Photo-affixed document to check illegal sale of the animals
Captive elephants of Kerala will soon flaunt photo-affixed registration certificate (RC) books. The book the size of a magazine will have various details of an elephant, including health and ownership status, and its photographs from four angles.
“In the first phase, hard copies of the book will be made available, and the data collected for the book will be stored in electronic format,” Minister for Forests K.B. Ganesh Kumar says.
The book will record a wide range of information related to the animal, including its medical history, the drugs administered, the veterinary doctor who treats it, the time at which it usually develops musth, and the earlier incidents of musth.
The number and contents of the microchip affixed on the elephant and the physical measurements will be entered in the book. The data will be updated periodically and the owners will have to furnish these every year, he says.
A copy of the book will be given to the Divisional Forest Officer, besides issuing one to the elephant owner. The Union Ministry of Environment and Forests has agreed to provide ownership certificates to the captive elephants in the State. Once the certificates are issued and the RC books prepared, illegal sale of elephants can be curbed and their transport monitored. The new system is expected to check any unholy business involving the animals.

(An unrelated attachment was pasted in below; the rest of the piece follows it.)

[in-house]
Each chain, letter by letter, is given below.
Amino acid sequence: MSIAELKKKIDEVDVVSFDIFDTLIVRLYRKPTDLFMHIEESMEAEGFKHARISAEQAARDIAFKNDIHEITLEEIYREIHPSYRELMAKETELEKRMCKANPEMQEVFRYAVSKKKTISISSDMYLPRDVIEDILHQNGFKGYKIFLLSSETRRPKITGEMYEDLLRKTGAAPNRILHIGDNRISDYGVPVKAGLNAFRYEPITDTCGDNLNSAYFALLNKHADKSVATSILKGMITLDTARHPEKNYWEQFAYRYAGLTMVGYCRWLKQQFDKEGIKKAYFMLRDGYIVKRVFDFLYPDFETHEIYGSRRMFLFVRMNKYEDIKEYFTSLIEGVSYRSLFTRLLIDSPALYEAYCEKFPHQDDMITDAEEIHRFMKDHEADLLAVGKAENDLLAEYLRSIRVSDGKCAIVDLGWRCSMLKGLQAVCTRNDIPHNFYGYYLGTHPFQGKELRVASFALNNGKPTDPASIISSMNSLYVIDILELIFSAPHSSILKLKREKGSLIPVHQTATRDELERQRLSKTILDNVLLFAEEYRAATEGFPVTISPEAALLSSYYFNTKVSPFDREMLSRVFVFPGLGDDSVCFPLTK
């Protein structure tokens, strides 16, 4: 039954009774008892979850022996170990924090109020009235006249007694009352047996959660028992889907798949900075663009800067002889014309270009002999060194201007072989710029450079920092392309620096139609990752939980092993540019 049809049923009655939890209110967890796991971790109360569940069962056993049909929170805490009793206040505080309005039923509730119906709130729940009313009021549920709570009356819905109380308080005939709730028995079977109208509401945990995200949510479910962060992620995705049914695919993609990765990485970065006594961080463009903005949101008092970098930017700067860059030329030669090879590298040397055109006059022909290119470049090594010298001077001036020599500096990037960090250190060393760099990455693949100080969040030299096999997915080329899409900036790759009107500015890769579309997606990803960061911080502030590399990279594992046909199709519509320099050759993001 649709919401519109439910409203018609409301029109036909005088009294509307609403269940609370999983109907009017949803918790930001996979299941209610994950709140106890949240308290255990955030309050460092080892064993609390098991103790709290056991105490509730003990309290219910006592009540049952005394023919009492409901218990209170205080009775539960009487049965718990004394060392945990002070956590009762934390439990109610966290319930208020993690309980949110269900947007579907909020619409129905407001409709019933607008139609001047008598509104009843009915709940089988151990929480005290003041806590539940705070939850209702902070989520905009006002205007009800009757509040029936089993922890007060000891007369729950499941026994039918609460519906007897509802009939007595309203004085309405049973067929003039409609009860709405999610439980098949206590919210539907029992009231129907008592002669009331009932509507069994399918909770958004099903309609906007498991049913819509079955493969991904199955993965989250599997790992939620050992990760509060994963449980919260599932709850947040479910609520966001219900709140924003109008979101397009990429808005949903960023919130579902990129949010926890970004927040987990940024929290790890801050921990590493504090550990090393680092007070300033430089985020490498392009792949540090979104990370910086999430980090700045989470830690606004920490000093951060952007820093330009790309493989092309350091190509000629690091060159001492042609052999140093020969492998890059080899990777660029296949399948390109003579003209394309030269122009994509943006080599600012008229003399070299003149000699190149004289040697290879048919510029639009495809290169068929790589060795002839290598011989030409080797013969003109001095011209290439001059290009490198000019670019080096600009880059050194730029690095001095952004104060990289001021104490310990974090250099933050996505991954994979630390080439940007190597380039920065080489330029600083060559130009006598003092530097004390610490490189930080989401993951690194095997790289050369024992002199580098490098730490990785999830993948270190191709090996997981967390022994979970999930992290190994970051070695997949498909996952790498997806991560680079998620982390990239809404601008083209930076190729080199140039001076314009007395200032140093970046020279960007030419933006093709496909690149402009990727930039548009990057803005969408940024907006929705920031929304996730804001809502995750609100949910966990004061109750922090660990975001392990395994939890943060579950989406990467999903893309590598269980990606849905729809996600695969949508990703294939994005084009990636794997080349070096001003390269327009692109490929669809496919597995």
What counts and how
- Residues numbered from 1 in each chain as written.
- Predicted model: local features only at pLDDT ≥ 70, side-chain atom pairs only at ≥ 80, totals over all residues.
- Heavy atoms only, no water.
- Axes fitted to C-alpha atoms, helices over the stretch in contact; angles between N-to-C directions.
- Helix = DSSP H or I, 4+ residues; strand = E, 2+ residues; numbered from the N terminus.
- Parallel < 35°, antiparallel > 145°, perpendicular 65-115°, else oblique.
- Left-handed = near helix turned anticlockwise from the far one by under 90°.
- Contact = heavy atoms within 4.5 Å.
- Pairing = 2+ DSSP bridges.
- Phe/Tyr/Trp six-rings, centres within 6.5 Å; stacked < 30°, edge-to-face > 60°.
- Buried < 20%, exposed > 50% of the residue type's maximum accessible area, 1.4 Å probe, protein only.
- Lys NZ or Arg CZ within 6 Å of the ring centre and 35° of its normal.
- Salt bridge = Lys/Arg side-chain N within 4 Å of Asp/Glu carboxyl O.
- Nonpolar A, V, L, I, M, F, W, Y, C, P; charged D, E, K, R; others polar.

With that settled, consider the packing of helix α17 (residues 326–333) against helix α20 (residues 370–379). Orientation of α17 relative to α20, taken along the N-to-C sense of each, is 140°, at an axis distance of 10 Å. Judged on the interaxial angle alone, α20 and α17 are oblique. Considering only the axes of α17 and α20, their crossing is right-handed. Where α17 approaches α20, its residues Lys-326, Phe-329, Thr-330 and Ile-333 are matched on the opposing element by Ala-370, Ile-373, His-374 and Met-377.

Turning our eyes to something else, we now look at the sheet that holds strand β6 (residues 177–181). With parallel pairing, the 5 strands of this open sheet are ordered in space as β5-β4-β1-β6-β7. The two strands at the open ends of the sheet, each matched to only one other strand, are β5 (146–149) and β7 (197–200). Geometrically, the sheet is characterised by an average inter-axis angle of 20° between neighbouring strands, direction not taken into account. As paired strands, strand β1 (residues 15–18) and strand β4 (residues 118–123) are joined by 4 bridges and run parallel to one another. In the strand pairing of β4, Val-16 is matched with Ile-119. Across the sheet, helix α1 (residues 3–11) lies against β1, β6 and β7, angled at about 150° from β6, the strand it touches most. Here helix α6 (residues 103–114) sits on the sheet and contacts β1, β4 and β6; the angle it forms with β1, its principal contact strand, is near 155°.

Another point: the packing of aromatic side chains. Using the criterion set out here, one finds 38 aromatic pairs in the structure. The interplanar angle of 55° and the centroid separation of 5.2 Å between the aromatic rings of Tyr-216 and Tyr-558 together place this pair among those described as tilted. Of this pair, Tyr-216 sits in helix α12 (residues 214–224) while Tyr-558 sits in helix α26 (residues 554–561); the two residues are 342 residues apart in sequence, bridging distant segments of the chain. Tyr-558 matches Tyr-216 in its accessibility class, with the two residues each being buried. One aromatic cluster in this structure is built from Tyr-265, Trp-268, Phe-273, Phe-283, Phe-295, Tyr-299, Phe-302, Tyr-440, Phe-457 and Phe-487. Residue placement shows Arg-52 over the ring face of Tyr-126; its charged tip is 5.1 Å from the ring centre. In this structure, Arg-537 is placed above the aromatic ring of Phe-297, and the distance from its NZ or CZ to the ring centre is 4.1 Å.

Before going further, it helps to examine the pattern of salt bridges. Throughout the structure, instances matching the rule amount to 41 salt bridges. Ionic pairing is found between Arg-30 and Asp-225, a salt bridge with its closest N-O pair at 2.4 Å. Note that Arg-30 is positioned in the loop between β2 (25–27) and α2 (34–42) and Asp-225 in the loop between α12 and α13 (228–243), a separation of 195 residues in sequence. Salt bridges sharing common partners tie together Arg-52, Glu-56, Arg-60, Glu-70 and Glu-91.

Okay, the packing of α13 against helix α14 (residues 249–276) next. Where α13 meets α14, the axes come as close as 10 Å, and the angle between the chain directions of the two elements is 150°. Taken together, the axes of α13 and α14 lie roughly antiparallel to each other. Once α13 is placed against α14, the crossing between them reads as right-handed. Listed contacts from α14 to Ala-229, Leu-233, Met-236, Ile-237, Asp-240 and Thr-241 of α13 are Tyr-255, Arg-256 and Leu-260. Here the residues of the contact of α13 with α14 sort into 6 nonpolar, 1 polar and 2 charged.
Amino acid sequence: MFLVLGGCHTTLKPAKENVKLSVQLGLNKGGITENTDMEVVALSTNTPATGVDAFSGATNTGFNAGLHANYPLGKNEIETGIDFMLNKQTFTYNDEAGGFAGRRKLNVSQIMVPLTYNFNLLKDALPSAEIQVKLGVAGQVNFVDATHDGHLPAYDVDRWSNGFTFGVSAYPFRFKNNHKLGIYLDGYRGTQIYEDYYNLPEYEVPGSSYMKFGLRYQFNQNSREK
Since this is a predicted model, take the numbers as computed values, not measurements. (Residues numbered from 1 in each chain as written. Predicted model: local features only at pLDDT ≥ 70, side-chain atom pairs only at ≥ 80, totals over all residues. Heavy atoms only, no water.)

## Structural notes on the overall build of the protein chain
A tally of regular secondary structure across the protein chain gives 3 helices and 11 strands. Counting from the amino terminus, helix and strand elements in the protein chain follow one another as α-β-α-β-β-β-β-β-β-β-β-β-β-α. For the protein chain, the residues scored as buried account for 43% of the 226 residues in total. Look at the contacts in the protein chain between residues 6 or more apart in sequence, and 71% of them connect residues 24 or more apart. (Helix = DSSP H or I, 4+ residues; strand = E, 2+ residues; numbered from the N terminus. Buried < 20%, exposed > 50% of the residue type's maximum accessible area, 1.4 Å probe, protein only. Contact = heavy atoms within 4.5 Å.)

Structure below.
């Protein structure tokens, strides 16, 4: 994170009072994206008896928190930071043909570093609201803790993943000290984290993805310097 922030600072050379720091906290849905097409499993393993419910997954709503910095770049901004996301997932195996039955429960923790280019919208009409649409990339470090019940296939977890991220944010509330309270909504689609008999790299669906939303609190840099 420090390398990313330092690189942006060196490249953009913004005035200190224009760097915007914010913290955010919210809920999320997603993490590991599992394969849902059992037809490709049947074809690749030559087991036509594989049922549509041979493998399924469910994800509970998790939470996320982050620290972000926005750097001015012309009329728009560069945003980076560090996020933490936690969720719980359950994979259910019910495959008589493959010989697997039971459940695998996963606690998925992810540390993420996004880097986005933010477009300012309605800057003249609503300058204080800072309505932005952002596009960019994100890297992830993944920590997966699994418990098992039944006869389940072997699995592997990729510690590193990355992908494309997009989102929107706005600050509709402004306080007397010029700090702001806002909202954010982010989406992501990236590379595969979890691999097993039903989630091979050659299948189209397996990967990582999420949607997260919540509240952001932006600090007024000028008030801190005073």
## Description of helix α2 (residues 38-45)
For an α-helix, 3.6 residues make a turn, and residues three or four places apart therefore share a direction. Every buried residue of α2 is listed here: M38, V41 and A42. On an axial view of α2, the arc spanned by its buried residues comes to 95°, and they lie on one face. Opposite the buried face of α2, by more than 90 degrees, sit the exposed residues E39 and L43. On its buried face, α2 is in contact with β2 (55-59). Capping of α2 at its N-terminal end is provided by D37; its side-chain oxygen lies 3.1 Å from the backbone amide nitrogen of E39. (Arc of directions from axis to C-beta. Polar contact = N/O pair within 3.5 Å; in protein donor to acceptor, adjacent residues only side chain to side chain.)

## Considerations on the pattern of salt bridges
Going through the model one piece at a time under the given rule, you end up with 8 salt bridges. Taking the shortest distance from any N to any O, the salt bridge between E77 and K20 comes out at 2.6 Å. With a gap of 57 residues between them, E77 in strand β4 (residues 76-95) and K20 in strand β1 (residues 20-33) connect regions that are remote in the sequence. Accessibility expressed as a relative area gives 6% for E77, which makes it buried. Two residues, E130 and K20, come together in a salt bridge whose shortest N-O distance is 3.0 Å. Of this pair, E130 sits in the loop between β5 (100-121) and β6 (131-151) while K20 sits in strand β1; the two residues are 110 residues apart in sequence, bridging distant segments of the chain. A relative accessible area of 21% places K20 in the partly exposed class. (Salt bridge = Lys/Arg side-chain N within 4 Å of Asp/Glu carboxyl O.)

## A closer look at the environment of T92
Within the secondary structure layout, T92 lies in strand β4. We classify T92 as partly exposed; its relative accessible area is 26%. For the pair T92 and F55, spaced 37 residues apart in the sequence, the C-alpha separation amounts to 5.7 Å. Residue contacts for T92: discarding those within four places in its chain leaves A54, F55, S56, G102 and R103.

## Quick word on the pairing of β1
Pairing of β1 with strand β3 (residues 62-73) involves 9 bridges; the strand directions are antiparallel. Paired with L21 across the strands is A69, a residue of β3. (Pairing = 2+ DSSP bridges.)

Chief Wildlife Warden R. Raja Raja Varma says the department is in the process of finalising the draft of the format. Most of the information available on the ownership certificate and the microchip of the elephants will be incorporated in the book.
Curbs on transport
Come the temple festival season beginning December, the Forest Department will impose restrictions on the transport of elephants in vehicles for ensuring their safety. The department has taken up a report prepared by T.M. Manoharan, Principal Chief Conservator of Forest, giving guidelines for their transport.
Several vehicles carrying elephants had met with accidents. The report has listed the type of vehicles in which the animals can be transported and the need for protective side railings, among several things, Mr. Manoharan says. The vehicle should have provisions for storing water for the animal and space for the mahout.
Elephants can henceforth be transported only in specially modified vehicles. The elephant owners will be given time for identifying the vehicles and introducing the modifications recommended in the report. The Regional Transport Officer and the Divisional Forest Officer will inspect the vehicles and issue permits.
A timeline will be fixed for clearing the applications for avoiding hassles and harassment of elephant owners, according to Mr. Ganesh Kumar.